'Choice' Plan in Public Schools Considered : Education: Bill allows students to transfer to another district under certain conditions. Experts do not expect many such switches to take place.

TIMES STAFF WRITER

A limited plan allowing pupils to cross district lines to attend public schools of their choice is part of the complicated budget negotiations under way between Gov. Pete Wilson and the Legislature.

The proposal, developed by Assemblyman Charles W. Quackenbush (R-Saratoga) and revised by the governor's office in recent days, would allow students to transfer into districts that are willing to accept them, but only under certain conditions.

Bill Livingstone, Wilson's press secretary, confirmed that legislation to implement the plan is included in the package of budget-related bills. It will be voted on separately from the overall budget bill, which was approved Thursday by the Assembly.

Maureen DiMarco, Wilson's secretary of child development and education, said the governor "supports carefully constructed experiments in choice," including this one.

The plan would allow parents unhappy with their neighborhood schools to send their children elsewhere, if they can afford to transport them and if the students meet other requirements. The proposal includes no money to bus children from one district to another.

Furthermore, pupils could not transfer if the move would have a negative effect on either court-ordered or voluntary school desegregation plans. Districts that receive students will have to elect to participate. Those that choose to do so would select transferring students by a lottery, to avoid one district "skimming" the best athletes or students from another.

Only public schools would be included, Quackenbush said. This would not be a "voucher plan," with state payments to parents who wish to send their children to private schools. However, state payments given on a per-pupil basis--the basic funding for all public schools--would follow the youngster from the old school to the new one, as would special federal funds.

Because of the restrictions, education officials do not expect large numbers of pupils to transfer if the plan is approved.

National experience with "choice" plans suggests that less than 10% of the enrollment will take advantage of the opportunity, state Department of Education officials said.

If few California pupils choose to transfer under such a plan, that would be just as well, said a department official who asked not to be identified.

"No one has spent a minute thinking out the logistics of this," the official said. "Nobody has a clue about how to track kids, how to make sure the money follows the child, how to handle special education kids and a lot of other things."

The proposal is supported not only by Wilson but by State Supt. of Public Instruction Bill Honig, by members of both parties in both houses and by several education groups. However, the California Teachers Assn. is strongly opposed.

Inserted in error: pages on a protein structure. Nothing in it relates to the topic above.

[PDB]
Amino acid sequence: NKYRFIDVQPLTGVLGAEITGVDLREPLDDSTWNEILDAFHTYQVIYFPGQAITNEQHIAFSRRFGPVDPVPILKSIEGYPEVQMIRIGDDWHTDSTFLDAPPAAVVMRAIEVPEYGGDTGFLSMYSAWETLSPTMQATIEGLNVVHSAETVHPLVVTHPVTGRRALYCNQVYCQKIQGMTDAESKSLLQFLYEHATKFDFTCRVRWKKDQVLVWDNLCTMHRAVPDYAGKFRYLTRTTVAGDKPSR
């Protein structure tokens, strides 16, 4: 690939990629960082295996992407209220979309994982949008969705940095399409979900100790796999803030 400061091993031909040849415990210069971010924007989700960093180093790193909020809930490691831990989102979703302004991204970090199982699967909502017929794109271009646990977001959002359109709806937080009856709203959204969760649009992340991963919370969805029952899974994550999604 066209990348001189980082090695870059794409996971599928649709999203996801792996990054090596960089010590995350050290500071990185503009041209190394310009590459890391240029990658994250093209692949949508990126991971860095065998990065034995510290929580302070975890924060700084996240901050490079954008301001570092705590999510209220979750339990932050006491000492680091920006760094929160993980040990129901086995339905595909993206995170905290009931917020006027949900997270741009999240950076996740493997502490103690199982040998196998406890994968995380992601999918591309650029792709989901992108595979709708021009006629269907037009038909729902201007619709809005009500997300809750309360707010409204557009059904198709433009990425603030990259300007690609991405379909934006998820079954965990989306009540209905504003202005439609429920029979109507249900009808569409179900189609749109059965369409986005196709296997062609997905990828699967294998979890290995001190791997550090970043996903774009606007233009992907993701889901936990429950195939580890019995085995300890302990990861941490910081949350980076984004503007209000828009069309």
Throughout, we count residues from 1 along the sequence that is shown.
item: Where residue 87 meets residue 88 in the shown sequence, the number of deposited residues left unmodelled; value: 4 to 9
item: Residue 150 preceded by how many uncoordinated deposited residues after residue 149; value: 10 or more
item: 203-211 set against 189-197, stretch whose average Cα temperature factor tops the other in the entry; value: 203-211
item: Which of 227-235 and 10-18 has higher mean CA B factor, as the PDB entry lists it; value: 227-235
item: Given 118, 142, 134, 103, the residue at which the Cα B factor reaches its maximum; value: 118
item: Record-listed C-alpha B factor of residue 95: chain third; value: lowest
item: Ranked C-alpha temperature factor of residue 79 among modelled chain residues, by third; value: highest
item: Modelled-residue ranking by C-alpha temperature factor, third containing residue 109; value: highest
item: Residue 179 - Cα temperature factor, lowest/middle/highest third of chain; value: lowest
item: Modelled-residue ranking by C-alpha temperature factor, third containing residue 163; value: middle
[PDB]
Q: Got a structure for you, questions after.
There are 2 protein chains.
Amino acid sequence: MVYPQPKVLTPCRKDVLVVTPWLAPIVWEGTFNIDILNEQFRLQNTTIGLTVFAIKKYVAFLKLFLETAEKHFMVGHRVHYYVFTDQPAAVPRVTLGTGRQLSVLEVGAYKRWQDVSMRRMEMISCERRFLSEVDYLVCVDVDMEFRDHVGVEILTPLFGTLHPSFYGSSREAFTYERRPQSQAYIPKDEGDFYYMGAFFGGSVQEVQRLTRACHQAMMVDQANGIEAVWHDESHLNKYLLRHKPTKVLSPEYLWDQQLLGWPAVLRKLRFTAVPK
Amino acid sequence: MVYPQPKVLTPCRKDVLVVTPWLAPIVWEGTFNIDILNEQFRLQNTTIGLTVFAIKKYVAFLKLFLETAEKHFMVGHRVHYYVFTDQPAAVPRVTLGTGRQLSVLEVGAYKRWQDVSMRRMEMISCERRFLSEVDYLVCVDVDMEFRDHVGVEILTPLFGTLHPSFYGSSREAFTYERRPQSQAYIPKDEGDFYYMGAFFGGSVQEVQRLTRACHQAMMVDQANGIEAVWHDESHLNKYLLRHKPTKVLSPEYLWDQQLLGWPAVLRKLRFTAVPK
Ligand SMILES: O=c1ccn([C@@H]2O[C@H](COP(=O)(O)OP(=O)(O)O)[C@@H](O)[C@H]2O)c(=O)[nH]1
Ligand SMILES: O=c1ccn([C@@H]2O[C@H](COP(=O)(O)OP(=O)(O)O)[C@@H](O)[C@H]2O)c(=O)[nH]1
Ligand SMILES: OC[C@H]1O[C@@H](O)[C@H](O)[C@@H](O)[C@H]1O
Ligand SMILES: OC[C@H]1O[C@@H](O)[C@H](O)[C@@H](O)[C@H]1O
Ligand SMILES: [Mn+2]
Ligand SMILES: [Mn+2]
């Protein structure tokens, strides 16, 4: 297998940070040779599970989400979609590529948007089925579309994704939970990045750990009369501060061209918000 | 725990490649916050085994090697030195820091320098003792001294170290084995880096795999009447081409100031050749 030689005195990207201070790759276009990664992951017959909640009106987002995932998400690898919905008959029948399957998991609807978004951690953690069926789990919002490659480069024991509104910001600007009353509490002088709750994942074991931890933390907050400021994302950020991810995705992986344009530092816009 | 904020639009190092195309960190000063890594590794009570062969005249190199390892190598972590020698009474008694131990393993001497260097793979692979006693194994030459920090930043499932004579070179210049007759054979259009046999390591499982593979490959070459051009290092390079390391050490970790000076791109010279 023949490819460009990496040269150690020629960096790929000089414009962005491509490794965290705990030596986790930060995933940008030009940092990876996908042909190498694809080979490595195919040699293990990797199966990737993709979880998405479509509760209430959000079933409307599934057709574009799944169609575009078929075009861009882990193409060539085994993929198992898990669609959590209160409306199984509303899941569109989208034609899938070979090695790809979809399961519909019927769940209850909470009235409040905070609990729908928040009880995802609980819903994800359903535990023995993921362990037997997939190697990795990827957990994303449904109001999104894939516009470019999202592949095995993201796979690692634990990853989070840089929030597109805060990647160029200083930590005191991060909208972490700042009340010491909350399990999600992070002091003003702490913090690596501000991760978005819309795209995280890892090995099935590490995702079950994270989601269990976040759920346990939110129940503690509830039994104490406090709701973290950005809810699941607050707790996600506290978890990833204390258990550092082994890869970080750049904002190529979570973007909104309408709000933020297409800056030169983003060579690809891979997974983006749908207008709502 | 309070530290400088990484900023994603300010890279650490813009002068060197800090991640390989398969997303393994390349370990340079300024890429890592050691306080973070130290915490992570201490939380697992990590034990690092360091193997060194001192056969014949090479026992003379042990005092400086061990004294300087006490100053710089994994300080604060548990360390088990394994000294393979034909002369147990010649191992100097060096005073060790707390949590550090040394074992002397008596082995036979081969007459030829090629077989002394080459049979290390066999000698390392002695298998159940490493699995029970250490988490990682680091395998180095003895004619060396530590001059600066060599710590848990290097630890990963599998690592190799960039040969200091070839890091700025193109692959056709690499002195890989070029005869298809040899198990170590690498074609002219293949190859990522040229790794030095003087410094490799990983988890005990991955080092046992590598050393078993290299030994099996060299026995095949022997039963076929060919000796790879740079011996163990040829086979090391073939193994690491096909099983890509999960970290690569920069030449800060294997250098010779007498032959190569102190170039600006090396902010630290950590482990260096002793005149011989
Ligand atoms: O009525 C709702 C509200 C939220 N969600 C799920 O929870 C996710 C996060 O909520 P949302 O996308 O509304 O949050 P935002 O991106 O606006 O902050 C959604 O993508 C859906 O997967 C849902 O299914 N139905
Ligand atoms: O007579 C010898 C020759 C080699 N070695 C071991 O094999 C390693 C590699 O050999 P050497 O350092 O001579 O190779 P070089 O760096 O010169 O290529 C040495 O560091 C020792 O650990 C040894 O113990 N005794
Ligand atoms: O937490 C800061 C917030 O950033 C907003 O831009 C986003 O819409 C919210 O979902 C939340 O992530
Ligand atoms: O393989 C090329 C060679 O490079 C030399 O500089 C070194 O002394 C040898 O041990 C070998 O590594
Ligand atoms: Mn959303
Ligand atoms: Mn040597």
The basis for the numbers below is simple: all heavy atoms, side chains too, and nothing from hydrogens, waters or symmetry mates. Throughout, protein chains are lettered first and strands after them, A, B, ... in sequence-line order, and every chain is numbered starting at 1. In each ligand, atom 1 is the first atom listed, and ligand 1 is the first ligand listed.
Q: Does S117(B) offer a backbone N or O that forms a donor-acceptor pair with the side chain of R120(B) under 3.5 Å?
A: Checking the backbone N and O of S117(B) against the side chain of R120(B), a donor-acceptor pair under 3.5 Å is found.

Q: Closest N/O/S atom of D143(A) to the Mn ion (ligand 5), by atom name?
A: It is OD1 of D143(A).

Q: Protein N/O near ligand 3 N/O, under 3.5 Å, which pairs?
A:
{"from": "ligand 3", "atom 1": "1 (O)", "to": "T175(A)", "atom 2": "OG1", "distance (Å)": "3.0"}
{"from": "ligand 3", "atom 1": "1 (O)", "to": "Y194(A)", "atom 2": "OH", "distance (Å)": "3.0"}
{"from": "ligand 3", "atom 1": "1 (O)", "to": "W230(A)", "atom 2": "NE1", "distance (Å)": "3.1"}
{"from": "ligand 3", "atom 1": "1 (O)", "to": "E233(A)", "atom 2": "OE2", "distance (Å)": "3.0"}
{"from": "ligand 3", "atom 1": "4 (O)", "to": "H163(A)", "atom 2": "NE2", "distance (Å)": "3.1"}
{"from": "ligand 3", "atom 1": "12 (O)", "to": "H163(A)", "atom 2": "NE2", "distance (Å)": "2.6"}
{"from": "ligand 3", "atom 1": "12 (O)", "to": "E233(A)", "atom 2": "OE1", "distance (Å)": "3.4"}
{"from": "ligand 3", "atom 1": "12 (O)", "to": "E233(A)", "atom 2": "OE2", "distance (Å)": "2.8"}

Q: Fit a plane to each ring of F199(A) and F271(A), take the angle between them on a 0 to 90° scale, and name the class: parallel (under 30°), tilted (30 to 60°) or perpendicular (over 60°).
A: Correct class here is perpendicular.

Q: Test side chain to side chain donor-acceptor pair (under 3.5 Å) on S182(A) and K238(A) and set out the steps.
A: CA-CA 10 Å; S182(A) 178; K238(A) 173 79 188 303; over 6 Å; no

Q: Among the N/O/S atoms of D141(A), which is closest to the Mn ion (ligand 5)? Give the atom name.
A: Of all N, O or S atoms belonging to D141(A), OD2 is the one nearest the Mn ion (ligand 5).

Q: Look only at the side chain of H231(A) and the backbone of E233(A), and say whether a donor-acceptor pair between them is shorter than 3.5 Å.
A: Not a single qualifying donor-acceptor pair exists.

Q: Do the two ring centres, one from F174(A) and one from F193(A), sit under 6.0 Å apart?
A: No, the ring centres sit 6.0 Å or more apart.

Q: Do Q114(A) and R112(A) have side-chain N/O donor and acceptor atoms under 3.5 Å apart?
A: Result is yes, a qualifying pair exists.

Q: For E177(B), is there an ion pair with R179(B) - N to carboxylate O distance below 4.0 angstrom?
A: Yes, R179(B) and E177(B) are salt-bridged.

"We support the idea of limited choice within public schools," Honig said. "If there is available space and a quality education, we shouldn't hold the family back.

"If you offer people a choice, even if they don't take advantage of it, they feel they have participated more in their childrens' education."

Honig said such a plan also "could be a safety valve--an option for parents if the school gets too bad."

CTA spokeswoman Tommye Hutto said: "There isn't any proof that 'choice' improves student performances or dropout rates or anything else. It is a lot more political than educational."

Hutto said the teachers' union agrees that relatively few students would take advantage of the program but added that "it's a foot in the door" for a possible later private school voucher plan.

Ron Prescott, Sacramento representative for the Los Angeles Unified School District, said the policy would not have much effect on Los Angeles because the district is carrying out a voluntary desegregation plan that requires schools to maintain as much racial balance as possible.

In those circumstances, Prescott said, few Anglo pupils would be permitted to transfer to other school districts. He added: "If you don't provide transportation, you don't really have anything. If you're going to have minority kids, you're going to have to provide transportation."

Under state law, Los Angeles already has interdistrict transfer agreements with many of its neighbors, district officials said.

Last year, 3,326 Los Angeles pupils transferred out, while 1,383 youngsters from other districts chose Los Angeles schools, many of them to take advantage of special magnet programs. Another 1,000 or so Los Angeles pupils took advantage of a new state law that allows parents to enroll their children near their workplaces.

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